Giants

Dusty isn't San Franciscos story any more

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Dusty isn't San Franciscos story any more

Its been almost two decades since Dusty Baker was first hired as a manager in this very town, and one full decade since he left in a shower of backbiting, anger and recrimination.But 20 years is a long time, and so is 10, and life has a way of shaving the pointed edges off the best and worst times. Hes gotten married and had children. Hes lost a parent. He quit one job and been fired from another, and has found his bliss in a town you would not think would be either his, or its, cup of tea.Plus he just had a health scare on top of another health scare. Most folks can hold grudges a long time, but a heart attack-ministroke double play usually brings perspective in a large travel trunk right to ones feet, and the glories and slights of the bygone era tend to fade in significance.RELATED: Dusty Baker returns from mini-stroke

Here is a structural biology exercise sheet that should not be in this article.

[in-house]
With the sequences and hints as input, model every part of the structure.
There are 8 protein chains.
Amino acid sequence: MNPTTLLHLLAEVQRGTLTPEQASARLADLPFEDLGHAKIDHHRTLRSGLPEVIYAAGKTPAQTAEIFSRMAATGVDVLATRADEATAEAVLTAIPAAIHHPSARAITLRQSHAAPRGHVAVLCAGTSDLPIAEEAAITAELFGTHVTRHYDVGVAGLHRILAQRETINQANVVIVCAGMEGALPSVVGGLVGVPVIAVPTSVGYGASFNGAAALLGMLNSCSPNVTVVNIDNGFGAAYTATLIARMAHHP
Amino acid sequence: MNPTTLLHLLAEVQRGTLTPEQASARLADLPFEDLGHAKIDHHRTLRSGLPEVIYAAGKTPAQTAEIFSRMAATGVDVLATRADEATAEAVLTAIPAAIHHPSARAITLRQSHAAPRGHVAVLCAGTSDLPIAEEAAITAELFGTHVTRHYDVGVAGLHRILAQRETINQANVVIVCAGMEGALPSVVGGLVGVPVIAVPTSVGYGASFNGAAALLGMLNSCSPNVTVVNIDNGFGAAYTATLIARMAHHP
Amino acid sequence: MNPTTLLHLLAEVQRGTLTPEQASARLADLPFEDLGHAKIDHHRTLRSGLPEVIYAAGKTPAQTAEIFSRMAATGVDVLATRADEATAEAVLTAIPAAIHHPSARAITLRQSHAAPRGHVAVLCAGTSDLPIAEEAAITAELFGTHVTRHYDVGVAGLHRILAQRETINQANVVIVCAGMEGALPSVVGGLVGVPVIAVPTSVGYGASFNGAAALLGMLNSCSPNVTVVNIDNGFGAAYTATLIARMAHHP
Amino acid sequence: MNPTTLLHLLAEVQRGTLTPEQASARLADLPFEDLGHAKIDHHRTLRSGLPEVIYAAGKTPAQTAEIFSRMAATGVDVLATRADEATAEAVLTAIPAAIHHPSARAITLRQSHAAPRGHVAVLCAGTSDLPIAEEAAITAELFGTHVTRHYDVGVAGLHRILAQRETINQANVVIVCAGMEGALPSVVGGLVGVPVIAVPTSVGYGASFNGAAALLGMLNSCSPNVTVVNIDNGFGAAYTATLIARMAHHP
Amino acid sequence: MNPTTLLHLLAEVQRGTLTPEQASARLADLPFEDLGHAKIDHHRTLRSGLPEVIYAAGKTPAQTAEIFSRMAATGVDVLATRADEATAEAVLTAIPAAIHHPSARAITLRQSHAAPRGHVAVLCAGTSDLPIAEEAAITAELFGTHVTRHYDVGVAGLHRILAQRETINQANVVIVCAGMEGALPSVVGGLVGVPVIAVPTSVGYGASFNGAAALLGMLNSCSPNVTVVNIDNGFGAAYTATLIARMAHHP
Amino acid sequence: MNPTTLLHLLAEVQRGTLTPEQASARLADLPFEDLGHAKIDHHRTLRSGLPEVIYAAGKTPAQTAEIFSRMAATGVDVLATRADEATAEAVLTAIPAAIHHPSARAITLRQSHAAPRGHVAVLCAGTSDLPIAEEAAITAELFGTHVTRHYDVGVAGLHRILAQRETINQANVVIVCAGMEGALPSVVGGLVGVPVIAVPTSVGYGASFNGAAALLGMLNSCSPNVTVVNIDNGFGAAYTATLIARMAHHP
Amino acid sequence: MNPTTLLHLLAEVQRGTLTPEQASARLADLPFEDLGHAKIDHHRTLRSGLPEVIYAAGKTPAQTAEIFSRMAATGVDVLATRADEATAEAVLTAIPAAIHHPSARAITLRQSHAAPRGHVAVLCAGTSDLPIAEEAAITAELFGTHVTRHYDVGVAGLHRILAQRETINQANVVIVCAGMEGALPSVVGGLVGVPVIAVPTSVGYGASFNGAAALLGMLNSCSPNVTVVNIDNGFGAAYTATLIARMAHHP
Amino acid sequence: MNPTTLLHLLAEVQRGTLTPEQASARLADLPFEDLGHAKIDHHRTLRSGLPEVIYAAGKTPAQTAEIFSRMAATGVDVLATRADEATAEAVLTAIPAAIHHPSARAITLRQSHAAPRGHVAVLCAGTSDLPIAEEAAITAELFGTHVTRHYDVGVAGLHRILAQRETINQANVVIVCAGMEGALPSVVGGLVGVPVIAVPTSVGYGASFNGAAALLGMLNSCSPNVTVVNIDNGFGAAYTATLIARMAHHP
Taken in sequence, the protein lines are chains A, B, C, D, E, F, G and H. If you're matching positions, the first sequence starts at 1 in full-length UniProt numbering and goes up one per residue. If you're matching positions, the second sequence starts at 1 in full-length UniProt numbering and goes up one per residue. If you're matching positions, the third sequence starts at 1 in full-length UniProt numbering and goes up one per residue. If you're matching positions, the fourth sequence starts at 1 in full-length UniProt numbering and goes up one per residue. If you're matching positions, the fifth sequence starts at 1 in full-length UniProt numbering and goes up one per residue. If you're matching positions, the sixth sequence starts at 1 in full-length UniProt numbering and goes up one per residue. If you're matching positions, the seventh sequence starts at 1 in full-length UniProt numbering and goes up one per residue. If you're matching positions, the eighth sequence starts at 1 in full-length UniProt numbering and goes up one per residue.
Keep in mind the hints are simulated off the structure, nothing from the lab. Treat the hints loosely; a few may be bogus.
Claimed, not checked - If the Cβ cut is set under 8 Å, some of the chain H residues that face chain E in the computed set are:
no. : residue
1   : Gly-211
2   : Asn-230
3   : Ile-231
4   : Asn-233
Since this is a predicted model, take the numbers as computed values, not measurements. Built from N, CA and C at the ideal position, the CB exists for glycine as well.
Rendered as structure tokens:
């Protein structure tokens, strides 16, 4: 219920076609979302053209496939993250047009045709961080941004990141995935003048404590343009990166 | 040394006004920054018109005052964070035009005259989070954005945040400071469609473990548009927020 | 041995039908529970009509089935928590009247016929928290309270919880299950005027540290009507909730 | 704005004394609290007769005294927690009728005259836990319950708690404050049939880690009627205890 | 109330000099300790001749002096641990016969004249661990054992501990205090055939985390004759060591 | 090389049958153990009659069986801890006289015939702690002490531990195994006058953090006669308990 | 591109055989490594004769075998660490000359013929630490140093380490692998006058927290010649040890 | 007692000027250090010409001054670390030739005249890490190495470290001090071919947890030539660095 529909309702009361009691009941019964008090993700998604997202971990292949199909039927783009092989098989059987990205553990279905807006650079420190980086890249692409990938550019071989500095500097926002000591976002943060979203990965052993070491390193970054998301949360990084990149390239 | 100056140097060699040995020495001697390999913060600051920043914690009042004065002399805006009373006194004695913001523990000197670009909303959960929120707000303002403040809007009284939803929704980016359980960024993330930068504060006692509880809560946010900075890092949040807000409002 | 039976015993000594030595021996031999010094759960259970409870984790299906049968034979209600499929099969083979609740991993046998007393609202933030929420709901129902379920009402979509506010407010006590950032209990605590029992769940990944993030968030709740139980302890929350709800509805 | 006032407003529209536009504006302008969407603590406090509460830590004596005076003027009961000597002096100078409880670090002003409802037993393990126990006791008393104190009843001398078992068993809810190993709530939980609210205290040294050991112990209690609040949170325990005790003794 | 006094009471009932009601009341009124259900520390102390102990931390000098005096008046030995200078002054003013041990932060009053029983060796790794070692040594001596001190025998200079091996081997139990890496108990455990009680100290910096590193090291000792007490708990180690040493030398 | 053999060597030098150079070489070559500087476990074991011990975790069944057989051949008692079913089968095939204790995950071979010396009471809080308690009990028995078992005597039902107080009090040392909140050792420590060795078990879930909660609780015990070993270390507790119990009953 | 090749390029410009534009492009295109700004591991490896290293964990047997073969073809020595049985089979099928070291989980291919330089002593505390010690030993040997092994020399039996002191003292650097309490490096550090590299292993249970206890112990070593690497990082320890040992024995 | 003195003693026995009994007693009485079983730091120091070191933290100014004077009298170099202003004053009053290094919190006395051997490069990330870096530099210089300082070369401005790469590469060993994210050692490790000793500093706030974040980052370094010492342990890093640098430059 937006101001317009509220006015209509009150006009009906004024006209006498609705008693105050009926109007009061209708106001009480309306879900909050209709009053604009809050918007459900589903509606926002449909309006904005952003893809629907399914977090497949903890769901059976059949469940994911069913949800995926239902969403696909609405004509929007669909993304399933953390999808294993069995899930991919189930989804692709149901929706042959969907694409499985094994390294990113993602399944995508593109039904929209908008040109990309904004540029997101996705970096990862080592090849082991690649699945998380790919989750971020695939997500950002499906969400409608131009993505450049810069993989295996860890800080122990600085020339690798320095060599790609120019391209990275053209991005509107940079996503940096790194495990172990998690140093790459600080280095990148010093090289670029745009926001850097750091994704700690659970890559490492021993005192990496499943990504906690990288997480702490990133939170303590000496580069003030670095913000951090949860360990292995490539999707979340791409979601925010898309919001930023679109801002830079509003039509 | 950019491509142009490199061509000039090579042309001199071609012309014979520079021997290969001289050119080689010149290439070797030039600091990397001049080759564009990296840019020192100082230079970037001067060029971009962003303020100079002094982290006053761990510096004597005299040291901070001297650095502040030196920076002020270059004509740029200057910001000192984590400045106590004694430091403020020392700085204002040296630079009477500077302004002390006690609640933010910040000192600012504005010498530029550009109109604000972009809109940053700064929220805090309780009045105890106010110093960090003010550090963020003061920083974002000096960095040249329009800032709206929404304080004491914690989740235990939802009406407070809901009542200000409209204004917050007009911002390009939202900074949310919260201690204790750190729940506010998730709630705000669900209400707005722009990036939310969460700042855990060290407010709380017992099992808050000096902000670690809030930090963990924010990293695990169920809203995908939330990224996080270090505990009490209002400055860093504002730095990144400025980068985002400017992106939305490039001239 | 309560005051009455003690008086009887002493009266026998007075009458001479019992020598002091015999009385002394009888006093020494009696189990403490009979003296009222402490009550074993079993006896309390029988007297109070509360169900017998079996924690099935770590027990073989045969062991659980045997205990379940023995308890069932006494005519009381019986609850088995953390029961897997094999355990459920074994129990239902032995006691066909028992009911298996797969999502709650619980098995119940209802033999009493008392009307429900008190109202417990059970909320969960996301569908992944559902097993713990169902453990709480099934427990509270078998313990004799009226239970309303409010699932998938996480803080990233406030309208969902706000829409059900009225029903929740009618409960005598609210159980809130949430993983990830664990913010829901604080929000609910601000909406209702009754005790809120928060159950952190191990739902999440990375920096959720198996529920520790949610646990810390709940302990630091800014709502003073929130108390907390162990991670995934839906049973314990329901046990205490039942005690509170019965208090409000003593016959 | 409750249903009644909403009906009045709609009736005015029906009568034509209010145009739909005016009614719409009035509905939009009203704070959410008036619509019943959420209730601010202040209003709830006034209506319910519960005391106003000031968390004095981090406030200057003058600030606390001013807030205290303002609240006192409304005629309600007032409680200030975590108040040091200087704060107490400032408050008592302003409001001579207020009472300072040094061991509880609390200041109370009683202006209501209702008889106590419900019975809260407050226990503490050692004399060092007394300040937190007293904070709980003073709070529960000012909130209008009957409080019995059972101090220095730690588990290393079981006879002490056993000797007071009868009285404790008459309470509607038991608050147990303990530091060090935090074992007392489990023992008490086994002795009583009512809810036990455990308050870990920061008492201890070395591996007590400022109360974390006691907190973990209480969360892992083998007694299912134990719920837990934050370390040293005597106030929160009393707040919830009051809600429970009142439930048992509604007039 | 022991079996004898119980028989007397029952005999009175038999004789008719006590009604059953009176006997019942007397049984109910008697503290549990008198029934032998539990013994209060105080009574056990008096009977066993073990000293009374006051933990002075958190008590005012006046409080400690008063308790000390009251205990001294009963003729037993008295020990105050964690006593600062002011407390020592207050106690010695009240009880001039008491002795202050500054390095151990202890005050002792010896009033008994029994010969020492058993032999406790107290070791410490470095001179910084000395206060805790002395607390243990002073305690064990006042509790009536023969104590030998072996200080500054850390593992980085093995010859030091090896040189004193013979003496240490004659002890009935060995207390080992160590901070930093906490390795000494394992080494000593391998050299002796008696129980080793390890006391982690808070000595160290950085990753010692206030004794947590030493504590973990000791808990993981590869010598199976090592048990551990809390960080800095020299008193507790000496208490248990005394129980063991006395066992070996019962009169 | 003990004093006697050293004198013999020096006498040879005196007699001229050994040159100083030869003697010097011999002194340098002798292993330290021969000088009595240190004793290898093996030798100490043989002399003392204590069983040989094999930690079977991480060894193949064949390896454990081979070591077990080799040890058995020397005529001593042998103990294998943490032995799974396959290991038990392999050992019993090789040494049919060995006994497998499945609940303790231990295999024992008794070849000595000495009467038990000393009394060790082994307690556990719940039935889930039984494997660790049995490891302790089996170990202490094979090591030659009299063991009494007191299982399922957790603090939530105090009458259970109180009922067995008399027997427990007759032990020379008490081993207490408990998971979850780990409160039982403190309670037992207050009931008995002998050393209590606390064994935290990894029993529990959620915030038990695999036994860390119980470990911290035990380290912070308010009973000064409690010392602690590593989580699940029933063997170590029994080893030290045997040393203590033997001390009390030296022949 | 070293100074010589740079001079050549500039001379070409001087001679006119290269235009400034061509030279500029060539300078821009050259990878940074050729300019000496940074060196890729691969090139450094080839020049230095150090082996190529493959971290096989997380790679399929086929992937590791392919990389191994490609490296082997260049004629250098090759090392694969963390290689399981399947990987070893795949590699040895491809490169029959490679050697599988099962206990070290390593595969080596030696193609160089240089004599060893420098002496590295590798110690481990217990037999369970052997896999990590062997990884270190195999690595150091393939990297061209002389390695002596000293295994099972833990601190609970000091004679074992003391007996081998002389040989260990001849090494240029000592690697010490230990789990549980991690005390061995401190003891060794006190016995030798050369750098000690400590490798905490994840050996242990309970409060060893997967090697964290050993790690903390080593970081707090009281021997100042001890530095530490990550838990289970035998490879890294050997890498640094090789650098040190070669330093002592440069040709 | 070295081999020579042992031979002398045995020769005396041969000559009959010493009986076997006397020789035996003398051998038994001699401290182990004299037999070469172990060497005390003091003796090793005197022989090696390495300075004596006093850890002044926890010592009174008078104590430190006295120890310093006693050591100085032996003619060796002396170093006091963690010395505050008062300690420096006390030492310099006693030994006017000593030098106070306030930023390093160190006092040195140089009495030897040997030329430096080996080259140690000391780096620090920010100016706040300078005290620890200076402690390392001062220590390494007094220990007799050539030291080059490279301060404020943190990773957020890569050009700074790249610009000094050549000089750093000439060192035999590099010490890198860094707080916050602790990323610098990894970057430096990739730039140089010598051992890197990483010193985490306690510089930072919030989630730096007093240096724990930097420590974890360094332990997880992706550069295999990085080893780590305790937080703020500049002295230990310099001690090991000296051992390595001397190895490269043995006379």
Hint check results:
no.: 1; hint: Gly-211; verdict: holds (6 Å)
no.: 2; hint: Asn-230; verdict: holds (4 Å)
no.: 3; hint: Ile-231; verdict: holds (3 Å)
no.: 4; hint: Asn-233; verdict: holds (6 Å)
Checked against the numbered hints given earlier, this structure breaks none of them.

Thus Saturdays National League Division Series isnt as much about Bakers triumphant return to San Francisco as you might think. Hes returned plenty of times, with good teams and bad ones, in happy surroundings and lousy ones.His time in San Francisco should not have ended as they did, in a protracted feud when then-owner Peter Magowan, and he should not have left so underappreciated given the job he did managing a clubhouse that included Jeff Kent and Barry Bonds. This statue-happy franchise should have one of him in a very prominent place given what he was asked to do, and given how well he did it.But that statue wont ever happen, because memories are long and turf is defended long after the war is over. And if the Cincinnati Reds beat the Giants in this five-game series, you may rest assured that the subject of a statue will never be brought up again.So, fine. No statue for Baker. But as we said, the future is now, and the past a million years ago. Hes moved on, because hes had to move on. He missed almost two weeks of the tail end of this season because of a mild heart attack that morphed into a mini-stroke while he was in the hospital, and while he is not likely to dwell too long on the topic over the next week or so, his grudges have been reduced to Matt Cain and Madison Bumgarner and Buster Posey and Pablo Sandoval.He is a baseball manager again, and he is a Cincinnati Red.Its a lie that you cant go home again. We all products of our homes, and they live in us forever. But Dusty Baker has had many homes, and for the moment, Cincinnati is as good as any of them. The town has learned what Chicago never did and what San Francisco sometimes forgot that good managers matter because they are so hard to find and match to their surroundings.Baker has been a manager for 19 years, which ties him for 23rd on the all-time longevity list, and he is one of 19 men to have managed 3,000 games, and the only one above him on that list who is not likely to go to the Hall of Fame is Ralph Houk. On the down side, he has been accused, more wrongly than rightly, of being a bane to pitchers health, and of having too a thin skin for managerial work.RELATED: Giants-Reds NLDS broadcast scheduleThat, too has changed. Most of the pitchers who got hurt on his watch had already come to him either damaged or with a delivery that suggested injury was on the way. And while he did not suffer slightly willingly or silently, he spoke up when he saw a wrong, and that cannot be a bad thing ever.So he comes to San Francisco now a far different man than the one who came here as a coach, or a manager, and different still than the one who left, a victim of front office meddling and turf-protecting. There will be some Baker nostalgia, and perhaps he will get a long and loud ovation when he is introduced before Saturdays game in thanks for services rendered.But he isnt really San Franciscos story any more. Hes not playing for his legacy in a city two jobs ago. Hes playing for the team he has today, and a city that has come to see him as a success. He has taken the Reds to two division titles in three seasons after 14 years of doing without, and this team is primed for a deep October run.Most importantly, though, Baker is alive to see it. And old enough to know that bygones, bad and good, really are bygones. Only the moment matters, he looks as good in red as in orange and black.Just ask him.Ray Ratto is a columnist for CSNBayArea.com